Ice: A Healthy Add-on

July 22, 2014
Customers want to cut back on break room services in a difficult economy, but they are also looking for new and exciting products, particularly those that support a healthy lifestyle.

Customers want to cut back on break room services in a difficult economy, but they are also looking for new and exciting products, particularly those that support a healthy lifestyle. Astute refreshment service operators are finding that countertop ice dispensers are popular with consumers since ice is refreshing and some of the newer dispensers are more convenient than larger machines.

Ice is a popular treat as it provides a novel way to quench one’s thirst. It is also a necessary ingredient for chilled water, iced tea and iced coffee. Some of the new countertop ice dispensers make soft, chewable ice that consumers cannot get from their refrigerator ice box.

The countertop units are smaller and easier to maintain than more traditional ice makers. The machines dispense ice by means of a lever, so there is no contact with human hands. The countertop units are also more economical; they are available for a few hundred dollars. There are both pourover and plumbed-in options available.

Aramark Refreshment Services has found the units a great complement for iced coffee, which is popular. Barry Bleahen, an associate vice president for the company, said Aramark placed a few hundred units this past summer, marking its entry into break room ice dispensing.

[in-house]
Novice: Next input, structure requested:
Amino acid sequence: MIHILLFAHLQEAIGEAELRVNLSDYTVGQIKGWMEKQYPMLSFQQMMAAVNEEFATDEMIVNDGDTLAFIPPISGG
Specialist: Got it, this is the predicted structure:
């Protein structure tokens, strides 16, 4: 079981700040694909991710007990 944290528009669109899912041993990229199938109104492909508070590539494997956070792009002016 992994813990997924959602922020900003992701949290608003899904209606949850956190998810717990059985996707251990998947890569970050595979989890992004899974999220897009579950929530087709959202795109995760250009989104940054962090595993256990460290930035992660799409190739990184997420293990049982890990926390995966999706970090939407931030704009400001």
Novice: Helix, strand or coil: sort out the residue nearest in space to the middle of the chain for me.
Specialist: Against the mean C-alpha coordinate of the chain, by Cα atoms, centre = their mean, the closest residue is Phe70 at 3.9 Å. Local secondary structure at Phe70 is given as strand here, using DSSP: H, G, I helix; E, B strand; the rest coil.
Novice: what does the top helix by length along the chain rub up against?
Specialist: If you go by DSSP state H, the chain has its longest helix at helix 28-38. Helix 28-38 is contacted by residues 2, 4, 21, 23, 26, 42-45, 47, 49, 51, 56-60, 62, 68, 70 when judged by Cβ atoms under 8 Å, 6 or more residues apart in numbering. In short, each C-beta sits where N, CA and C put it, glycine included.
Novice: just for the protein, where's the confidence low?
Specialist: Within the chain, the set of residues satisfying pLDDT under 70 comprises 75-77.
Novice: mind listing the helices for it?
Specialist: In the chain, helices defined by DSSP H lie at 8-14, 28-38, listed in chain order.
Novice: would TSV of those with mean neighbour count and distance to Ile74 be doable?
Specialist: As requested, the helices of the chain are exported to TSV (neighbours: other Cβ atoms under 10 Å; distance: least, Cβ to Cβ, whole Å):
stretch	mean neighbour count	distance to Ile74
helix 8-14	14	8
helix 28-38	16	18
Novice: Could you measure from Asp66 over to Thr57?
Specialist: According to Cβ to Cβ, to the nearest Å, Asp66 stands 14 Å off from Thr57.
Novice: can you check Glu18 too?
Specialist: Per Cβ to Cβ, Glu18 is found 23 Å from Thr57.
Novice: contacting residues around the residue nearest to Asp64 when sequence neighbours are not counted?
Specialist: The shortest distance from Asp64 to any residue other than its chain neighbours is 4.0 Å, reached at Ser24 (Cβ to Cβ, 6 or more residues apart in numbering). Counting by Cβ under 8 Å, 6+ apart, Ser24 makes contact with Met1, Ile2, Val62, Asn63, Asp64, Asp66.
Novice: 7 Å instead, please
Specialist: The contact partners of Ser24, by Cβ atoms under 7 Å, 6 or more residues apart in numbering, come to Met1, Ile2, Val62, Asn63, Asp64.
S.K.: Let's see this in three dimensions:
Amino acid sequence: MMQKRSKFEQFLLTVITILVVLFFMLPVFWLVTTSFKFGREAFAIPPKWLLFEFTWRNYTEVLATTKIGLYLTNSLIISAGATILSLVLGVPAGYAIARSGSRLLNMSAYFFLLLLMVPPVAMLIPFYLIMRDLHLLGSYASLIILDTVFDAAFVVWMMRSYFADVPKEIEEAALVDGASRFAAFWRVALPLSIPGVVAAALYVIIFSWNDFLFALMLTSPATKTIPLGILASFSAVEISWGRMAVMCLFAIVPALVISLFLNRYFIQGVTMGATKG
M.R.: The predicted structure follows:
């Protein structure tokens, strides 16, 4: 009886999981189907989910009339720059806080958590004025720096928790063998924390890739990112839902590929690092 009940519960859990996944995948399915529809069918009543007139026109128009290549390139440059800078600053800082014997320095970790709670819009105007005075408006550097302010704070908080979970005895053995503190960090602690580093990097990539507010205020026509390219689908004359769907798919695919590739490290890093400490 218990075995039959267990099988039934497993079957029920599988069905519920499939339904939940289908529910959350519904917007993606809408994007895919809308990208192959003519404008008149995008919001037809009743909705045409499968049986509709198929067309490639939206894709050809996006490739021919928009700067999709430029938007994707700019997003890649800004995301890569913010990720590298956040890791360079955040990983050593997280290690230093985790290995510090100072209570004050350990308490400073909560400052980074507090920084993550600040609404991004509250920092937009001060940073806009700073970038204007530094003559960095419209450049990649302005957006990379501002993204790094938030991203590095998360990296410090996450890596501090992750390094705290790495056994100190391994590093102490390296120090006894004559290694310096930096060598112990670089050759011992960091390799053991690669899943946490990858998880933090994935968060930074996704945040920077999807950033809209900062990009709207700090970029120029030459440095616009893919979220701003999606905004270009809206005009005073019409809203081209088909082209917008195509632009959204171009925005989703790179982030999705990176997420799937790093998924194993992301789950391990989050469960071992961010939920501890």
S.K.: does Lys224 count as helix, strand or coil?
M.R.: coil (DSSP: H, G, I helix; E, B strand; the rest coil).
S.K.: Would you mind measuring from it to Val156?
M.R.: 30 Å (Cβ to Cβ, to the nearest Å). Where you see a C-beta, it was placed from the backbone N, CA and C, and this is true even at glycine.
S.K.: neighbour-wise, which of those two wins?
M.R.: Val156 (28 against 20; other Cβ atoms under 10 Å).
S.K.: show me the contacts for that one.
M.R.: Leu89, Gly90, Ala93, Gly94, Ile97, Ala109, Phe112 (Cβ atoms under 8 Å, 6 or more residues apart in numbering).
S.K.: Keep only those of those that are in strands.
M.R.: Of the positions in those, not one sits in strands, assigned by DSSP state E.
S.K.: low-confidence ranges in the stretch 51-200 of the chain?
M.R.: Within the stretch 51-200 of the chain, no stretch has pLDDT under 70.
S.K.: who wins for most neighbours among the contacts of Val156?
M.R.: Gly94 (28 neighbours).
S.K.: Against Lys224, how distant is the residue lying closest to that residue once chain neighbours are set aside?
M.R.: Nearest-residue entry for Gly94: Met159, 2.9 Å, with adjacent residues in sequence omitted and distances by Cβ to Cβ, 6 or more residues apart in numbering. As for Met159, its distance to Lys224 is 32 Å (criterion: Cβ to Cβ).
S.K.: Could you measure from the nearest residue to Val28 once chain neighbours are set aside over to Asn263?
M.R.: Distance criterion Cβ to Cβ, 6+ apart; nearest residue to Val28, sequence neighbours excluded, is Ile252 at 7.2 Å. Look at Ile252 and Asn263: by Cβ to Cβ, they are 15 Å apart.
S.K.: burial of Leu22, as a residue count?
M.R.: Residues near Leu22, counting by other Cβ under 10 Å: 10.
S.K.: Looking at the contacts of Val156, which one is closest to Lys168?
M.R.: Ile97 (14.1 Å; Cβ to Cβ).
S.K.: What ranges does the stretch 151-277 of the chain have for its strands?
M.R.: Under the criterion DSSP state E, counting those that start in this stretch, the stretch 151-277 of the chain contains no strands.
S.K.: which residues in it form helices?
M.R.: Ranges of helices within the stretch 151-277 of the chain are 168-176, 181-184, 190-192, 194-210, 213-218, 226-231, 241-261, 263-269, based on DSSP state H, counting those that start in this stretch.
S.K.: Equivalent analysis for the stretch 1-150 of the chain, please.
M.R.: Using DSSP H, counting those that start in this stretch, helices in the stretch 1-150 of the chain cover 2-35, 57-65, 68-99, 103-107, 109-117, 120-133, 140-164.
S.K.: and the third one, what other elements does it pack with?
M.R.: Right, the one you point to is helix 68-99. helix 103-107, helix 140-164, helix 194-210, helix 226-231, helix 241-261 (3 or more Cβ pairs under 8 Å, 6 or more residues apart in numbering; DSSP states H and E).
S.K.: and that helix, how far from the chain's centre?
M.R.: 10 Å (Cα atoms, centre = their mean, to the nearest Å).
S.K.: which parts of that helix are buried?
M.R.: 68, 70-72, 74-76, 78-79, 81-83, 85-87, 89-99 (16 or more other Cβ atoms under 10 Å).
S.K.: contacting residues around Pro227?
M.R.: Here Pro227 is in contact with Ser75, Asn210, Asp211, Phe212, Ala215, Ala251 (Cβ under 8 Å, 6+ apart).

Bleahen said in the past, Aramark only placed ice dispensers in locations that were large enough to justify a machine costing thousands of dollars. The location also had to have a drain available.

Another benefit to the countertop units is they are quiet.

Bleahen said Aramark customers brew coffee directly into 16-ounce glasses filled with ice. The coffee pours right into the glass from an airpot brewer or a single-serve machine.

Bleahen noted that two single-cup providers, Mars Drinks North America and Green Mountain Coffee Roasters Inc., recently introduced coffees to be chilled. Green Mountain Coffee Roasters Inc. has an iced tea K-Cup.

Aramark typically charges a rental for the ice dispenser. “It’s very much in demand for our clients,” Bleahen said.

For operators expanding into water service, ice marks a natural add-on. To date, the dedicated water service operators are leading the charge.

Steamline Water, based in Phoenix, Ariz., primarily leases water coolers, but recently began offering countertop ice dispensers, for which there is a big demand in the hot weather market. “After a while, I was passing up too many leads (to offer ice),” said Marc Richter, company president.